Okay, I'm going to be honest about my credentials here. For as long as Battles have been on my radar, and despite the amount of praise I have heard thrown at them, I still have not listened to Mirrored. It surprises me even today that I haven't gotten around to listening to an album nearly everyone (yes, even Pitchfork) describes as a math rock classic.
The good news is that listening to their sophomore effort, Gloss Drop, makes me want to correct that oversight. Part of it is probably how sickeningly happy this album is. Pretty much every track on this album sounds like it was played by kittens shooting rainbows out of their every orifice and someone standing nearby with a camera, waiting to slap a caption in the font Impact on the entire scene. If listening to the endearingly cheerful march of “Inchworm” or the deliriously enjoyable riffs in “Ice Cream” don't make you immediately giggle like a little school girl, you may be medically incapable of feeling pleasure. Just look at the cover: even it looks like some kind of succulent sweet. Don't look at it for too long, though. Then it begins to look like a giant wad of fibreglass insulation.
Back on topic, I haven't actually heard Battles performing with Tyondai Braxton before, and therefore I really can't make a legitimate comparison between the two lineups. I can say, however, that the vocals on this album are certainly non-standard. They aren't readily standout from the other instruments, and oftentimes the lyrics are indiscernible, when not flat-out nonsensical. It actually fits the mood of an otherwise-instrumental album very well; they force the attention to the rhythm and the melody of the voice parts rather than the lyrics.
I will say that the guest appearances tend to be either spectacular or poor, without any real middle-ground. The lead single “Ice Cream,” in particular, features some quite enjoyable, if not exactly coherent, lyric work by Matias Aguayo. Bassist Dave Konopka said he was brought in explicitly to match the level of 'sexiness' to the piece, and after listening to it, it's quite apparent why he was chosen. More shouts out go in the direction of Yamantaka Eye (Boredoms) for his vocal work on the closing track “Sundome.” I couldn't decide if the man was doing scat vocals, shouting in a foreign language, or just fucking with us. Turns out it was the latter, which actually causes his vocal work to match the near-tribal ambiance of the track quite effectively.
The other guest vocal performances left me somewhat less than enthused. Both “My Machines” (featuring Gary Numan) and “Sweetie & Shag” (featuring Kazu Makino of Blonde Redhead) tend to the annoying end of the spectrum. “My Machines” is just a bit too whiny to be enjoyable, and “Sweetie & Shag” is just too static to be interesting. I suppose the performances fit the songs well enough, but that doesn't make them particularly good.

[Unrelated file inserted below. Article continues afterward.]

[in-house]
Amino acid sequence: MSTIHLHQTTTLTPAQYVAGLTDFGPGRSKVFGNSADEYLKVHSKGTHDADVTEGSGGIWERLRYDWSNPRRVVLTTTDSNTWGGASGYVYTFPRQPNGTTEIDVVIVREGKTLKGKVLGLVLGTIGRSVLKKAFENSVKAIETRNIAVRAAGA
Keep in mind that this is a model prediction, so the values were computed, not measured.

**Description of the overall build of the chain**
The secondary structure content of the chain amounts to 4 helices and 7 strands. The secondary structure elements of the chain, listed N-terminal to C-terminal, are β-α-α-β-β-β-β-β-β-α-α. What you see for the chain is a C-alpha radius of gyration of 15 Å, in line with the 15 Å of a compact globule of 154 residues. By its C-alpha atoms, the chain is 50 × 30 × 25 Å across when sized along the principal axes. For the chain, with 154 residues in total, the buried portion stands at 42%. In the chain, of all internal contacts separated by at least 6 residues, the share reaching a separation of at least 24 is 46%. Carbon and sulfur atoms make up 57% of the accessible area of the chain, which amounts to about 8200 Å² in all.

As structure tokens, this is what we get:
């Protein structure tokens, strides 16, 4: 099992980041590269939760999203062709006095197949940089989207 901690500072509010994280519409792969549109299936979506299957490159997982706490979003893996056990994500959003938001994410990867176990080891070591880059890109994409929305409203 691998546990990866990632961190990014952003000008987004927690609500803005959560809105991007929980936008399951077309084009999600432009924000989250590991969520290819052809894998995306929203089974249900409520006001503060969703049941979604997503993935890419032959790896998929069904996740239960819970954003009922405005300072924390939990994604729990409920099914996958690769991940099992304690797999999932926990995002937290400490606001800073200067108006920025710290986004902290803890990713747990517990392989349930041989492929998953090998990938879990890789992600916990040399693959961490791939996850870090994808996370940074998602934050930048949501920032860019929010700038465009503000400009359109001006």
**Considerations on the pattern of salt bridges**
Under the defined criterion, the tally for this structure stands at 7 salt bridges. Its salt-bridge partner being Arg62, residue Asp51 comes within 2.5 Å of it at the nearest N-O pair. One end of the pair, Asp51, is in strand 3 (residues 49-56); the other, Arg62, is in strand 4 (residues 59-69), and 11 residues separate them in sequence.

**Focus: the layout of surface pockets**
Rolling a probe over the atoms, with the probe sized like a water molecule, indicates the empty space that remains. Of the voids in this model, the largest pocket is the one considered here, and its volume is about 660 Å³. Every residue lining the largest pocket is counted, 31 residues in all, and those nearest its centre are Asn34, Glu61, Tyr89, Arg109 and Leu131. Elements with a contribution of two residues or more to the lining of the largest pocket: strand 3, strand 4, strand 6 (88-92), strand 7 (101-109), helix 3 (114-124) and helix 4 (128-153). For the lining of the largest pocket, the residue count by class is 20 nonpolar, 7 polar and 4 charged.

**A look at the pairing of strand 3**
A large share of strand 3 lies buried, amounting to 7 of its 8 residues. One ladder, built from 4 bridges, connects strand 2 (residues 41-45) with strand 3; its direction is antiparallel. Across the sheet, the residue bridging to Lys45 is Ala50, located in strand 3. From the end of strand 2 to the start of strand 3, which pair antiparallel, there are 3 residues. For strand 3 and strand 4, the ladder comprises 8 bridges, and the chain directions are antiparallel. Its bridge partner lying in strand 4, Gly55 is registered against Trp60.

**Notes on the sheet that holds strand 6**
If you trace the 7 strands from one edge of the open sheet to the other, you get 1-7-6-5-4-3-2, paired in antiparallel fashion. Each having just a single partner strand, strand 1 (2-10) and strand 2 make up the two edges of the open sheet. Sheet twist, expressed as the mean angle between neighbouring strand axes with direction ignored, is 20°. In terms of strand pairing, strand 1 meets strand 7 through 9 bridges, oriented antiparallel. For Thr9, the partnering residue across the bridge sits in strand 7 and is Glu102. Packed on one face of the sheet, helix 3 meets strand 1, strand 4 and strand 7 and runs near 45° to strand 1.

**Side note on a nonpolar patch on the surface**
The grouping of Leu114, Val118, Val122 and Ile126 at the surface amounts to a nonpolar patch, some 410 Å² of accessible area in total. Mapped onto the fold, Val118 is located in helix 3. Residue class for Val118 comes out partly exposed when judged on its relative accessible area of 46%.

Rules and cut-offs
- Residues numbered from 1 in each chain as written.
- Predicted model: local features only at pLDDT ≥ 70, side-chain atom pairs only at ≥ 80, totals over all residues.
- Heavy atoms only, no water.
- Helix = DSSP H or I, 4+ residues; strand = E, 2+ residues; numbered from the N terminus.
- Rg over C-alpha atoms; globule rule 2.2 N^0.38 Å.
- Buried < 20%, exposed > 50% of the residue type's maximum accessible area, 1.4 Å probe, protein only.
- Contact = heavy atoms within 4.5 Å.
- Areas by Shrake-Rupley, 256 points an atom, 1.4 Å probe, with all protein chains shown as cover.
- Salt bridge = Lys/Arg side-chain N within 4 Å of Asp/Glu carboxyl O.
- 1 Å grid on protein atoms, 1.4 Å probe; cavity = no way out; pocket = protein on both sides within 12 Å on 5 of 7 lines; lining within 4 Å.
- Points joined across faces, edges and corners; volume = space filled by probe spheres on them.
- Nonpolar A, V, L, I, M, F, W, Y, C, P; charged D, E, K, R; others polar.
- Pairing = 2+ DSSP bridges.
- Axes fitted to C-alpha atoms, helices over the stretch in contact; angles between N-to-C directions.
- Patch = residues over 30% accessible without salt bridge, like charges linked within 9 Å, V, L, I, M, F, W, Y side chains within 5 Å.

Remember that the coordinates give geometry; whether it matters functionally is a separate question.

The actual instrumental tracks on this album (you know, the actual majority of the songs) tend to sound like really kitschy math rock, and I mean that in as good a way as possible. Bright guitars and complex writing abound on this album. Everything about it, be it the carefree melodies, the glockenspiel-mimmicing keyboards, or just the sleigh bells in the background, is designed to be smile-inducing to the point of injecting actual Botox into your face. Even the short transitional pieces like “Dominican Fade” are hard not to enjoy, though the longer endeavours like “Africastle” and “White Electric” are clear standouts.
The only legitimate complaint I can leverage against this album would be the quality of the guitar tones. While, admittedly, the choice certainly fits the candy-filled diabetes-inducing sugar coma that this album wants to force you into, it does get a bit grating on the ears after a few listens. It's not apparent on all of the tracks, but particularly on “Futura” or “Toddler,” when the guitar lines get up in the high range and you start feeling the warm blood dripping down your neck, you'll get a feeling for what I mean.
I am quite amazed with how amazing this album turned out to be. It's just complex enough to be engaging and just playful enough to be charming. I can't exactly compare it to their previous album, but coming at them from a clean slate, I can readily say that Gloss Drop is one of the best math rock albums I have heard, period.
8.5 / 10
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